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Old 03-15-2014, 07:24 PM
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I'm so sorry to hear about Bo. I was wondering if your dad had a habit of picking up dogs and then getting rid of them when they didn't work out for him.

Keep talking to him about littermate syndrome. It's quite common to have desperate dog owners show up here with five or six-month old siblings very much regretting that they took home more than one puppy. Here is one such thread:

https://www.dogforum.com/housetrainin...ssible-115338/

Those two dogs will be much better off in separate homes, and so will you.
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Old 03-15-2014, 07:30 PM
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I'll try. When I first told him about it, he said I'd just have to raise them more carefully and he already made a deposit on them. But maybe they'll move the deposit for both puppies onto just one?
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Old 03-15-2014, 07:53 PM
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Well, he can get ready to shell out for a new carpet when these dogs keep soiling it. Also dog aggression can become a real problem with littermates, and the breed your dad's planning to adopt is known for developing dog aggression issues in aolescence.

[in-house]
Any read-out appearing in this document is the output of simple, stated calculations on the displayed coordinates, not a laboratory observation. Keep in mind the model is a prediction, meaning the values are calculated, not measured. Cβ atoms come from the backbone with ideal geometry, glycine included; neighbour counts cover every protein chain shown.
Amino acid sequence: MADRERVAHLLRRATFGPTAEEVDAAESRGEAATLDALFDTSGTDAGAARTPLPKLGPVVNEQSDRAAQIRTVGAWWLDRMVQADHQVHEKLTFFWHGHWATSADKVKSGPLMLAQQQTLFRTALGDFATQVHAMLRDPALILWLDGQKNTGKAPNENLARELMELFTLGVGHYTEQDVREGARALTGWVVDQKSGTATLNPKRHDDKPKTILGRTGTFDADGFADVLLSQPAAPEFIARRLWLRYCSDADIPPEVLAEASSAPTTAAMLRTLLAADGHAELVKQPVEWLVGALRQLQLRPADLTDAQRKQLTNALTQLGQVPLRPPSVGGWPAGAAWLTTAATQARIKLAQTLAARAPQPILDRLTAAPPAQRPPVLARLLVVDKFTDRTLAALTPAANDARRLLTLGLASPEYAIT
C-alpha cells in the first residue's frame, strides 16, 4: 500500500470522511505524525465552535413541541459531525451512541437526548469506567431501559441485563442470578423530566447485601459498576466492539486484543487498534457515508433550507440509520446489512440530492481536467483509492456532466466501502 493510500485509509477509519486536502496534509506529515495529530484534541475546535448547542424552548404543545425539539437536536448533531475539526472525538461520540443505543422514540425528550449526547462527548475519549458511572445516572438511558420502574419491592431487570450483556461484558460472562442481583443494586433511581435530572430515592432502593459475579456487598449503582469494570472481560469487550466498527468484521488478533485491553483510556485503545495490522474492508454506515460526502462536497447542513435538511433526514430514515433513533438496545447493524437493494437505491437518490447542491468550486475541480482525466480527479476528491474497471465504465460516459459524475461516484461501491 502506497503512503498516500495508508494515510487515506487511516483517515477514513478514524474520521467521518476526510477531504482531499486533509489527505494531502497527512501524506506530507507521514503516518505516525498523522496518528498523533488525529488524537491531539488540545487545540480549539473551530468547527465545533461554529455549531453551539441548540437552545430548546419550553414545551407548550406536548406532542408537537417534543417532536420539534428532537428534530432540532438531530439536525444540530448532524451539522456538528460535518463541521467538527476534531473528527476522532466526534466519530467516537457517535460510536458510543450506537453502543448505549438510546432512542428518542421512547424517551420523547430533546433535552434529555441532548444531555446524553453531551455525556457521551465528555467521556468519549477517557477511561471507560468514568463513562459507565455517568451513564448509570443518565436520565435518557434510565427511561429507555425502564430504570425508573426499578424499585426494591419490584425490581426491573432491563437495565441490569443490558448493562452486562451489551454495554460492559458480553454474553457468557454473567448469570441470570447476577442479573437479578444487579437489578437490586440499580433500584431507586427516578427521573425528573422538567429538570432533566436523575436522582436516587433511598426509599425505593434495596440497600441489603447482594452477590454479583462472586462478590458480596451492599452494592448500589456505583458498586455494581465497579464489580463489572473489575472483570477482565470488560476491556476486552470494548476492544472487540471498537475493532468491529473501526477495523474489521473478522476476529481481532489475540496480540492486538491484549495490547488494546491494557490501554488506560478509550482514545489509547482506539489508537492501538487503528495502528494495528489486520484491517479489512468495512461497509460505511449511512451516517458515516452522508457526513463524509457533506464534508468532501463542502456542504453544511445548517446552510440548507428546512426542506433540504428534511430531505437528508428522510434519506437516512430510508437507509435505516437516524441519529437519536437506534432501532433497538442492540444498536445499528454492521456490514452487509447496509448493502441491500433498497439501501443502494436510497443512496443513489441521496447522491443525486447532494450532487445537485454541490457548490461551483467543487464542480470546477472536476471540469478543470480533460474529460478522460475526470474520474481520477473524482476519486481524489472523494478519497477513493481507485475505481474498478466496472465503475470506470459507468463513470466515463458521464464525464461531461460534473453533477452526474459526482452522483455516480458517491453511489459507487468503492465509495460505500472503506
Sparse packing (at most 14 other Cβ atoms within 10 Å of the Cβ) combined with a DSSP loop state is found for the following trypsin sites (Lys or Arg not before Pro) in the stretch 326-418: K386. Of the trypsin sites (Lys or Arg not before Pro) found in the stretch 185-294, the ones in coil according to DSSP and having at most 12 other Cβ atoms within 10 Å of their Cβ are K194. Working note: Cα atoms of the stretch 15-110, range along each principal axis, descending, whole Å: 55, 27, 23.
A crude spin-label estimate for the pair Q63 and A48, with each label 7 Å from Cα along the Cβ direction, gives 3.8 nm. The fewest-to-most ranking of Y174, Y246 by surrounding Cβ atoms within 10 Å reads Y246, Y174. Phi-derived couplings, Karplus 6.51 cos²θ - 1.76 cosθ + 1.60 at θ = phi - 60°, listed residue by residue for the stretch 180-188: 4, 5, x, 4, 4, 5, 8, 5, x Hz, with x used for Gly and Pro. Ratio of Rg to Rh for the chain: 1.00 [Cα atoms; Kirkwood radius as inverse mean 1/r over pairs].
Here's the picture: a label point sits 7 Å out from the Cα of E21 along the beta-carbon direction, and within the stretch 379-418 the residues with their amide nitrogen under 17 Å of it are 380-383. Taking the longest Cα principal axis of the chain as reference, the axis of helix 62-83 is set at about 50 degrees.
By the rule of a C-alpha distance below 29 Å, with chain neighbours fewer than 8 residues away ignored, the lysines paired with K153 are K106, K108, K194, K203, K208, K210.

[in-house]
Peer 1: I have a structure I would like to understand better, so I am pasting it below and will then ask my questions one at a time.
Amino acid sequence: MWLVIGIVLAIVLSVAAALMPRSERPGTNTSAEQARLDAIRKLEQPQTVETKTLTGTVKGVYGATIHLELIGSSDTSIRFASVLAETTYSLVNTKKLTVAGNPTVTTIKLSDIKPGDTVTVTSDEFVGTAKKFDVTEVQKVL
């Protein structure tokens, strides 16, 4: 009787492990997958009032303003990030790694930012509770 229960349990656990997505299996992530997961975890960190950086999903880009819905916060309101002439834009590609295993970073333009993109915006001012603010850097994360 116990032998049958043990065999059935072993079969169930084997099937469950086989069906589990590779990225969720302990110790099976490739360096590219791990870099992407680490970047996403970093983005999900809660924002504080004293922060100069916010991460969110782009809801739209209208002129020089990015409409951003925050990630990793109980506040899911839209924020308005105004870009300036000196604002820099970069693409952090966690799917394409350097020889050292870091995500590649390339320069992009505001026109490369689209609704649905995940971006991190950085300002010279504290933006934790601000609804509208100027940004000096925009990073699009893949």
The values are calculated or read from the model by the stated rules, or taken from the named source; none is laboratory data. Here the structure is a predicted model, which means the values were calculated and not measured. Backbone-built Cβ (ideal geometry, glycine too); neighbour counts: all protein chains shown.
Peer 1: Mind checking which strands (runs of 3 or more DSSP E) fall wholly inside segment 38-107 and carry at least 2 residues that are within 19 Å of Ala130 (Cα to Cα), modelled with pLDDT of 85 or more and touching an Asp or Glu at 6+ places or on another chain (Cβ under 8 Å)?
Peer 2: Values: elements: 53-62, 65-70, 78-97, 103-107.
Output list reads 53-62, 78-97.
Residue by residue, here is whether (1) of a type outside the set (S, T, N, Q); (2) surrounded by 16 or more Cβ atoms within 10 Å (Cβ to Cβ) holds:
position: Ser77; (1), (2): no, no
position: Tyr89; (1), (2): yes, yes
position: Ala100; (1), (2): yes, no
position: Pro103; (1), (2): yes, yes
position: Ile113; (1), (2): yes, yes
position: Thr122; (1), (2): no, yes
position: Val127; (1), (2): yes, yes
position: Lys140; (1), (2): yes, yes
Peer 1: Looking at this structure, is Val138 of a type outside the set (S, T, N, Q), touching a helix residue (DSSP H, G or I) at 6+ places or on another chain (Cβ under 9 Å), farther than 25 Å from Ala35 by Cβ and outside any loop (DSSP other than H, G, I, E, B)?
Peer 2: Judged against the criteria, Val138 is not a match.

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Old 03-15-2014, 08:02 PM
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Yea... I'm worried about that a lot. I don't know if I can handle two dogs wanting to fight all the time. And everything on littermate syndrome says that they're probably going to even if they're brothers or sisters. I don't even know if a pit bull is raised the same way a lab is.
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Old 03-15-2014, 08:42 PM
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Personally I'd not get two puppies together, it's just way to much work.

Housetraining shouldn't be to hard as long as you are very vigilant about following the tips in this thread

You also have to be very vigilant about giving each pup separate experiences from the other. So you need to walk them separately, take them to different places separately, socialize them apart from each other, etc. If you don't do that you run the risk of them hyperbonding to each other and not caring very much about being with you. They become each others security blanket.

The other problem is that their being pit mixes there's a chance that they may develop dog aggression as they get older. Dog aggression is a rather large spectrum. They may end up loving each other but hating all other dogs, hate each other but be fine with other dogs, some pits tolerate other dogs as long as the dog is well behaved, there's really no telling until they enter adolescence. Then there are those that have no problems with other dogs. The same can be true for all breeds but pits tend to be more prone to dog aggression.